To eat or not to eat
Huge numbers of people, especially in the world’s poorest countries, are cutting back on the quantity or quality of the food they eat because of rising food prices.June 15th, 2011 | by Andrea Perera
“Most American children don’t starve to death.”
This is what my pediatrician said to me Friday morning during my daughter’s annual physical. He was trying to allay my concerns about Olive’s finicky eating habits. Most American children have access to and can afford plenty of good food, he was saying. If they don’t eat, it’s because they choose not to.
While I get where he was going with that logic, my pediatrician might be surprised by just how many Americans do go hungry every day. According to the results of a new GlobeScan Incorporated opinion poll funded by Oxfam, 8 percent of Americans surveyed said that they sometimes, rarely, or never had enough to eat on a daily basis. This is compared to one in five people surveyed in developing countries such as Pakistan, Mexico, and India, who said that they sometimes, rarely, or never had enough to eat on a daily basis. In very poor countries the situation was bleaker still: up to 21 percent of people in Tanzania and Kenya said they rarely or never had enough to eat.
For those of us who mindlessly fill our grocery carts every week–and only go hungry when we’re too lazy to cook, not in the mood or too busy to eat–that data can be hard to swallow. But here’s the truth: Huge numbers of people, especially in the world’s poorest countries, are cutting back on the quantity or quality of the food they eat because of rising food prices. 54 percent of people questioned globally and 56 percent in the US said they are not eating the same food as they did two years ago. Globally 39 percent of people said their diet had changed because food is simply becoming too expensive.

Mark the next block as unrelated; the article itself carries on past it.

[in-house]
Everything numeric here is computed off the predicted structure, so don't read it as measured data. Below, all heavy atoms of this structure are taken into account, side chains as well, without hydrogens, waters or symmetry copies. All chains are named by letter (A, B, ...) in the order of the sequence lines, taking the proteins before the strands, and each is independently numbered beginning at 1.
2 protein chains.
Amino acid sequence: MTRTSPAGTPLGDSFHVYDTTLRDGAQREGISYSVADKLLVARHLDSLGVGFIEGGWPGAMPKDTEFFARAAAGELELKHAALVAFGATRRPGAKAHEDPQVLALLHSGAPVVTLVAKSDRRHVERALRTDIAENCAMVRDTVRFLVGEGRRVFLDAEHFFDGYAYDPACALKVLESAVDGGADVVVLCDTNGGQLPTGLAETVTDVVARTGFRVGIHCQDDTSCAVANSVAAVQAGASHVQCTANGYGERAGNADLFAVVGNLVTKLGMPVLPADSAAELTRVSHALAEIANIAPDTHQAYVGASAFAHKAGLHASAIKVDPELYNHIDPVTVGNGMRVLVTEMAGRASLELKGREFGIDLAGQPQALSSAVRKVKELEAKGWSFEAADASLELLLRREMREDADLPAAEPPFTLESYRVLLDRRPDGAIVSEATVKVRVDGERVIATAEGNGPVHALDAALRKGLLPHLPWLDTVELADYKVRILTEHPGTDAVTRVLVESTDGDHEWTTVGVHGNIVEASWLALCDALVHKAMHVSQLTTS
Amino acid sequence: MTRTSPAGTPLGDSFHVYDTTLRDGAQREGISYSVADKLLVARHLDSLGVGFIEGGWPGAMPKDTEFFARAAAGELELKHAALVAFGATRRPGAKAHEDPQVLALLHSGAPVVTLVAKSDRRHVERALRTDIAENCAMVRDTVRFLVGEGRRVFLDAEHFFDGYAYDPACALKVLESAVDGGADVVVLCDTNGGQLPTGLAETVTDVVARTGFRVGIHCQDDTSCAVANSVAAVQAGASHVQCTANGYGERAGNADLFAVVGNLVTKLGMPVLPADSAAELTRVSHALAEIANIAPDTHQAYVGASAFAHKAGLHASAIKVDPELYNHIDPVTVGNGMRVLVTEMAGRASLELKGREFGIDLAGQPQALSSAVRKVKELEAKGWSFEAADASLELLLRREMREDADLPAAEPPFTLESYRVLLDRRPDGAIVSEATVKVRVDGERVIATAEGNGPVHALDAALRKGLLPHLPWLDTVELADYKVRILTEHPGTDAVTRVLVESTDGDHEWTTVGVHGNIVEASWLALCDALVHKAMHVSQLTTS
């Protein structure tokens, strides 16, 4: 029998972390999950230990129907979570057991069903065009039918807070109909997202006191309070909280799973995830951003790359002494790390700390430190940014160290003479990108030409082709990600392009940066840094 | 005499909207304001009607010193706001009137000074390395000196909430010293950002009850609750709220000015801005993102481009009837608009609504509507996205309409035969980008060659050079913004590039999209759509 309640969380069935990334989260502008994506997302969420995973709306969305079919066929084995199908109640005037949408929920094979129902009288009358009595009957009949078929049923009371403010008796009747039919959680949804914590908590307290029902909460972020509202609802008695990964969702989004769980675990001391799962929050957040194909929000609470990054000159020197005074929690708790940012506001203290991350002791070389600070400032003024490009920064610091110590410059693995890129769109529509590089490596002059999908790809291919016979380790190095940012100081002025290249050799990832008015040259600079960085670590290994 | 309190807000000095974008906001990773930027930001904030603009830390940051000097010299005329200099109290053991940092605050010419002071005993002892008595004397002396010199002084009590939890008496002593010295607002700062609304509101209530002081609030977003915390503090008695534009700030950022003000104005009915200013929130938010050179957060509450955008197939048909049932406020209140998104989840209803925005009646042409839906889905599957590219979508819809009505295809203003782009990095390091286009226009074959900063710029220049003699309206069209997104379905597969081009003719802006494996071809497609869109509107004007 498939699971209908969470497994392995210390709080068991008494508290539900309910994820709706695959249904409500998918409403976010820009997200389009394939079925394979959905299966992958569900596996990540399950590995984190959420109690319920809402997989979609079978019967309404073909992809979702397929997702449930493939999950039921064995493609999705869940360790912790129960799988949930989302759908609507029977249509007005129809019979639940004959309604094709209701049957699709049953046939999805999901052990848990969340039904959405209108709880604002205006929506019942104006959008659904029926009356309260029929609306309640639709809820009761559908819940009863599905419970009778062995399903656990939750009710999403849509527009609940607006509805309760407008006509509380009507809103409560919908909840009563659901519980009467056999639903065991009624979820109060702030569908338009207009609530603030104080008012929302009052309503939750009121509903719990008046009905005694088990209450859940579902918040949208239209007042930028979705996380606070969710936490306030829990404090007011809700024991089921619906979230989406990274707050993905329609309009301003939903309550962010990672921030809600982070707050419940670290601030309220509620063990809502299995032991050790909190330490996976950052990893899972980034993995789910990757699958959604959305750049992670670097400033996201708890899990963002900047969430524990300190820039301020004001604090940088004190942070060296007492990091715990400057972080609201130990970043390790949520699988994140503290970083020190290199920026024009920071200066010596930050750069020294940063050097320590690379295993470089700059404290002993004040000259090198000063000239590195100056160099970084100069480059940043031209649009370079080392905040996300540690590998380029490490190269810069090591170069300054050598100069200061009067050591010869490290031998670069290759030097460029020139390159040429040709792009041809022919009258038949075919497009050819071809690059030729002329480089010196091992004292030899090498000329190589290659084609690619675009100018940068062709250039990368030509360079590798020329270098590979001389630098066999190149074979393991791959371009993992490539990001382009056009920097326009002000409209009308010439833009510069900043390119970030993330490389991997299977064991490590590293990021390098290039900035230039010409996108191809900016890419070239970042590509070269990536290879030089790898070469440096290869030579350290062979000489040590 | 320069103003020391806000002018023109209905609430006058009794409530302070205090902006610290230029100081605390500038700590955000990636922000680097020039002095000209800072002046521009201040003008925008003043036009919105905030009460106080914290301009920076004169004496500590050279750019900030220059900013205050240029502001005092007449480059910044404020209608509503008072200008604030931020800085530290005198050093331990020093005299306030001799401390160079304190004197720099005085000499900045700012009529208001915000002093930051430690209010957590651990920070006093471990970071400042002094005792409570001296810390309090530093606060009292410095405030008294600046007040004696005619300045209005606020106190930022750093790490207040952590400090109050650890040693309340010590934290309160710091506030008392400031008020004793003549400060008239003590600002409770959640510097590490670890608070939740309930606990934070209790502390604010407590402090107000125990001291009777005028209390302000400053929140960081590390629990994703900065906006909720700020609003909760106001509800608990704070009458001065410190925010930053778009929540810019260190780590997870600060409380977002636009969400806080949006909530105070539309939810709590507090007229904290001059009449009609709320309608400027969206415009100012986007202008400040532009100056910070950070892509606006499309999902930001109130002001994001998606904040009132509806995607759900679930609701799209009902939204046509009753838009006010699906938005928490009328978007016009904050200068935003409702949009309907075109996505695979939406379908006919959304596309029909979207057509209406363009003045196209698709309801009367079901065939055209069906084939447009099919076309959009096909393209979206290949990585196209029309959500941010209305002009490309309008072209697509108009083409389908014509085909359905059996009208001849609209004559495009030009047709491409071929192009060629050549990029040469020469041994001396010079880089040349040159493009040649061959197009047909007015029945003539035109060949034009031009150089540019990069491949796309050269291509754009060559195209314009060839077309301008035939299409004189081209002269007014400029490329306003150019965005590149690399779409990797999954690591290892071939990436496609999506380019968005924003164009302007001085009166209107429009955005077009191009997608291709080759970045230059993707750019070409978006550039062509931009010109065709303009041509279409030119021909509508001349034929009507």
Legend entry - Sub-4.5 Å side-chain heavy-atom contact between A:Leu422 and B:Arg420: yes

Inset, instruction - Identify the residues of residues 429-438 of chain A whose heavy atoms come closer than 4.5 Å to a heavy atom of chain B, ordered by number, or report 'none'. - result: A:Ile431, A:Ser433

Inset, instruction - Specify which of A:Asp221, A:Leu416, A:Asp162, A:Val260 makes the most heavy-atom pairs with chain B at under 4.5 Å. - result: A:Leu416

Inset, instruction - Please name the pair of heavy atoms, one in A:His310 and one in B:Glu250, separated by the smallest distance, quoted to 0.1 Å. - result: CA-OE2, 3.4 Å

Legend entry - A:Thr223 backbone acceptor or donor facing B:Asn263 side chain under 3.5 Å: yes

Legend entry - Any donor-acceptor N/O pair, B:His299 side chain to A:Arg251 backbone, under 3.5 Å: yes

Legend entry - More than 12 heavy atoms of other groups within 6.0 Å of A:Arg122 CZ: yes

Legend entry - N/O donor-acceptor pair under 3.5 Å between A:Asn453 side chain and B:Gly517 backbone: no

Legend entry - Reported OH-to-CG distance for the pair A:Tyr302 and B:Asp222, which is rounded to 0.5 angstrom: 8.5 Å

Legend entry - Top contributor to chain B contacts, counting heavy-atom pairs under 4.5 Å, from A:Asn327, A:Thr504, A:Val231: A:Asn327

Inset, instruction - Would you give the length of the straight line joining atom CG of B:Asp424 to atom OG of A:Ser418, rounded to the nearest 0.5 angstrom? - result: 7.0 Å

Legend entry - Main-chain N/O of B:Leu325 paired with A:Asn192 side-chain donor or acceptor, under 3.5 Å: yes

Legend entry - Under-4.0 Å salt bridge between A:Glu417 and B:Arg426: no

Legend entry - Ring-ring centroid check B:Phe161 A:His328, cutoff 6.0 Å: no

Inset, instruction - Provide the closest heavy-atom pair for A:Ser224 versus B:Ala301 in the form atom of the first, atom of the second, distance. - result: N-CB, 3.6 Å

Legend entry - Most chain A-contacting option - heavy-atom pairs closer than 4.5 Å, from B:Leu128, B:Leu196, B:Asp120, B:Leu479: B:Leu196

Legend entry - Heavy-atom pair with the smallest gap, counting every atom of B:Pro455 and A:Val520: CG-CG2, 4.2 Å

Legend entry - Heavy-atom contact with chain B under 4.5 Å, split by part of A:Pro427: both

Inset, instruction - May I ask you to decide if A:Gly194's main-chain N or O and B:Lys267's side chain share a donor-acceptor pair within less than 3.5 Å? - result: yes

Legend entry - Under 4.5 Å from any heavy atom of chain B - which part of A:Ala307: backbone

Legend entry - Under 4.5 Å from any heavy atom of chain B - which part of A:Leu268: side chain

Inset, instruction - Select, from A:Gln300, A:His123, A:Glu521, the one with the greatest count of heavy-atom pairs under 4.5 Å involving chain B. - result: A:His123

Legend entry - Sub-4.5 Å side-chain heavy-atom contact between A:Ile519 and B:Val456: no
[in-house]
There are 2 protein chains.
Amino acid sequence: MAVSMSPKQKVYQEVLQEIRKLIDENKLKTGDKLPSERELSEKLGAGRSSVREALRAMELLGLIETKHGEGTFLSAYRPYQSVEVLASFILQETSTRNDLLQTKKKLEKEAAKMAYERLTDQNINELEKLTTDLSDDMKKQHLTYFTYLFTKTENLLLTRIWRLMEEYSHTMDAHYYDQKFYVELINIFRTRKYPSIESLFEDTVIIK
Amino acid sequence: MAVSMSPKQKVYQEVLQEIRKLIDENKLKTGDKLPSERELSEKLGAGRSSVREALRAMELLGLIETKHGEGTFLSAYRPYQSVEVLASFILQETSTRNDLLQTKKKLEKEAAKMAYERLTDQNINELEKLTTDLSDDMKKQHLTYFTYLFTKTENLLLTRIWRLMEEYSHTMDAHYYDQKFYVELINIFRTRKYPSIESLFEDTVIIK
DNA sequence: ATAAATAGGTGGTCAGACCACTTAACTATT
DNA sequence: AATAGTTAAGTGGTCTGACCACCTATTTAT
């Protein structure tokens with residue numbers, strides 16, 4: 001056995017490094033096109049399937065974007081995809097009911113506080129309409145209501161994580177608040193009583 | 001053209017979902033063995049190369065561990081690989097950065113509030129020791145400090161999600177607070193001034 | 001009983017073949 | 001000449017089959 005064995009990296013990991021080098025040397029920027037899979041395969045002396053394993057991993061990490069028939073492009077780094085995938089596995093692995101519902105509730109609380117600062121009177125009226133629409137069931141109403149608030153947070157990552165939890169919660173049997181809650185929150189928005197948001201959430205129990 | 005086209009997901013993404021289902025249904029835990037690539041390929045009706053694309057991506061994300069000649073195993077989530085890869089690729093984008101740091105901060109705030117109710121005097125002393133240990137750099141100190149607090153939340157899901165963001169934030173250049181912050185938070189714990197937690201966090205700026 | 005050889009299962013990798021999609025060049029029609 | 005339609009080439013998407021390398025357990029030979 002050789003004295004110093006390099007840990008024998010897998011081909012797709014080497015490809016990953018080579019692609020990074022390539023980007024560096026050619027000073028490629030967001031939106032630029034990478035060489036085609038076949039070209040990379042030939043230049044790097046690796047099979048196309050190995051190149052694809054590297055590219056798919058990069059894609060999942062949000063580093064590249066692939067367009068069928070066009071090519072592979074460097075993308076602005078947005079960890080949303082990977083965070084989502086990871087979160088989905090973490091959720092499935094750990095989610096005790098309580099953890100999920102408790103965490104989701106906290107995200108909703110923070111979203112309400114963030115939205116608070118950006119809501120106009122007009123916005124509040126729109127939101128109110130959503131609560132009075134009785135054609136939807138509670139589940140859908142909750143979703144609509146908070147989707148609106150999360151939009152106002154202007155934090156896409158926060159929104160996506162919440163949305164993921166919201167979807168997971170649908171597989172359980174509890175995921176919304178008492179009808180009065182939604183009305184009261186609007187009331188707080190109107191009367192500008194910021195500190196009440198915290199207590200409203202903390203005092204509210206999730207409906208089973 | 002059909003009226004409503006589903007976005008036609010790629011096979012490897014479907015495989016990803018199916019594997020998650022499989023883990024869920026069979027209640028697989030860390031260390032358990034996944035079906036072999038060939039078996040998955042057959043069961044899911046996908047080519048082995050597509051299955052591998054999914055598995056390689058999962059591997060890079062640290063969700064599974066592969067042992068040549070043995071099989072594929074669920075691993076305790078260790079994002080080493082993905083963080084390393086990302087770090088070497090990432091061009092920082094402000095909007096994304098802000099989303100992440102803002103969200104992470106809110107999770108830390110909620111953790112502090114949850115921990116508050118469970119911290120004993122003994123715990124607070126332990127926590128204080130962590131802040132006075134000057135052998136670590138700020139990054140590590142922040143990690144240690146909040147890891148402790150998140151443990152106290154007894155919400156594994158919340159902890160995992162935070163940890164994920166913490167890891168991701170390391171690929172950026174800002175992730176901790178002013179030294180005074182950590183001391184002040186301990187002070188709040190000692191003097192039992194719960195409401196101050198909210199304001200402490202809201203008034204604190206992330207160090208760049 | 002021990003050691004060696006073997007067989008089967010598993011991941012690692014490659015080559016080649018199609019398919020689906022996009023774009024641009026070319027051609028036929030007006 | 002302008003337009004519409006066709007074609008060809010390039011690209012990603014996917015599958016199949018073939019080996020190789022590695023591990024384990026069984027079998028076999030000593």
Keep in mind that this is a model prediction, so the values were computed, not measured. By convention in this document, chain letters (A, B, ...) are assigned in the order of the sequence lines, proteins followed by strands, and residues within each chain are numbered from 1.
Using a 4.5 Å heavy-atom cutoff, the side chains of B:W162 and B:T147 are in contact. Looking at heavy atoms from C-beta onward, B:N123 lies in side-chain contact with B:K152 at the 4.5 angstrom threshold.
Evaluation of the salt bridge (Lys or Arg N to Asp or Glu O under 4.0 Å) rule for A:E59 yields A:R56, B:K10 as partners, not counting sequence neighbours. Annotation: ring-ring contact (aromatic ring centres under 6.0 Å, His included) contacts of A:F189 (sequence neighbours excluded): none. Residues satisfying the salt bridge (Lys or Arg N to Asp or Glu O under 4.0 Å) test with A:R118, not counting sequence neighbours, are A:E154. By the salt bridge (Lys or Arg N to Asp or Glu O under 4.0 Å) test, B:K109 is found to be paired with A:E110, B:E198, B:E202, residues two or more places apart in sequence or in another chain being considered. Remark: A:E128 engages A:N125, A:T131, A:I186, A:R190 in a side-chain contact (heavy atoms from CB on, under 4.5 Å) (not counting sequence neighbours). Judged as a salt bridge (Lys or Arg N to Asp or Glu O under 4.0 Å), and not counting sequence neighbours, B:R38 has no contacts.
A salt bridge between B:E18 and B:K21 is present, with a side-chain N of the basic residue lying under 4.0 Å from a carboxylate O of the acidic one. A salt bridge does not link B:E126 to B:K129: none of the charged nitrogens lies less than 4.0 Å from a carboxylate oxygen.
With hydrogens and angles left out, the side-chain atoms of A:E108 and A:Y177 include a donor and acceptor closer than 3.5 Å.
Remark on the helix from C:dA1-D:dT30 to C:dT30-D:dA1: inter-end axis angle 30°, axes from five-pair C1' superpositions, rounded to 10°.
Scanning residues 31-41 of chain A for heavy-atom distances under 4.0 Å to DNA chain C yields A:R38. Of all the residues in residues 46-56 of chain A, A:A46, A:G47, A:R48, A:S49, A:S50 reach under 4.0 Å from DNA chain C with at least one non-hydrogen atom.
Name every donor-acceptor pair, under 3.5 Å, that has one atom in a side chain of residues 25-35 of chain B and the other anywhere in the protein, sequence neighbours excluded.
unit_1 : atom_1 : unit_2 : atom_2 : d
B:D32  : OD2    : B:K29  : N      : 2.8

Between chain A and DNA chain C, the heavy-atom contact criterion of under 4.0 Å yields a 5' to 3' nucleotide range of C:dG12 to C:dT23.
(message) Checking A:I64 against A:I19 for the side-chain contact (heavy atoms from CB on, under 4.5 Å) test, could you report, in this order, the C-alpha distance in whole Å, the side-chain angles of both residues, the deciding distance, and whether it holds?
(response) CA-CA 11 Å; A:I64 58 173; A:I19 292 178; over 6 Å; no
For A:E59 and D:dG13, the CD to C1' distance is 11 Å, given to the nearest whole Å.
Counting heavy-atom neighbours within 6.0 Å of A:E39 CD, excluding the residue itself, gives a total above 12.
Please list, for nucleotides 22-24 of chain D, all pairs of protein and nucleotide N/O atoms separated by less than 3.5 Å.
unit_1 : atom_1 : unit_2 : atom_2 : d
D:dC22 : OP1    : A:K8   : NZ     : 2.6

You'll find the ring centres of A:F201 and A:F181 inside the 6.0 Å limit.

A changing diet
The independent poll of over 16,000 people, conducted in 17 countries around the world, also revealed how globalization is changing what people eat with pizza and pasta topping the list of favorite foods in many countries alongside national dishes. Oxfam conducted additional interviews that show many people in developing countries are either eating less food, eating cheaper items, or enjoying less diversity in their diets as a result of rising food prices.
“My favorite food is rice with beans and meat, but it is very expensive,” said Edson James Kamba, 69, from Malawi. “The price of food keeps going up. I would like some milk to drink but I can’t buy it. I used to have margarine and jam with bread but now I can’t afford it. When I see people on TV they are always eating very good things like meat, chicken and eggs. If I was there I would have those things. We want it but we can’t afford it.”
Earlier this month, Oxfam launched a new campaign to change the global food system so that people like Edson Kamba have enough food to thrive. We believe everyone has the right to choose how much they want to eat; they shouldn’t have to watch flickering TV images of strangers enjoying what they can’t afford.
To take action, go to: www.oxfamamerica.org/grow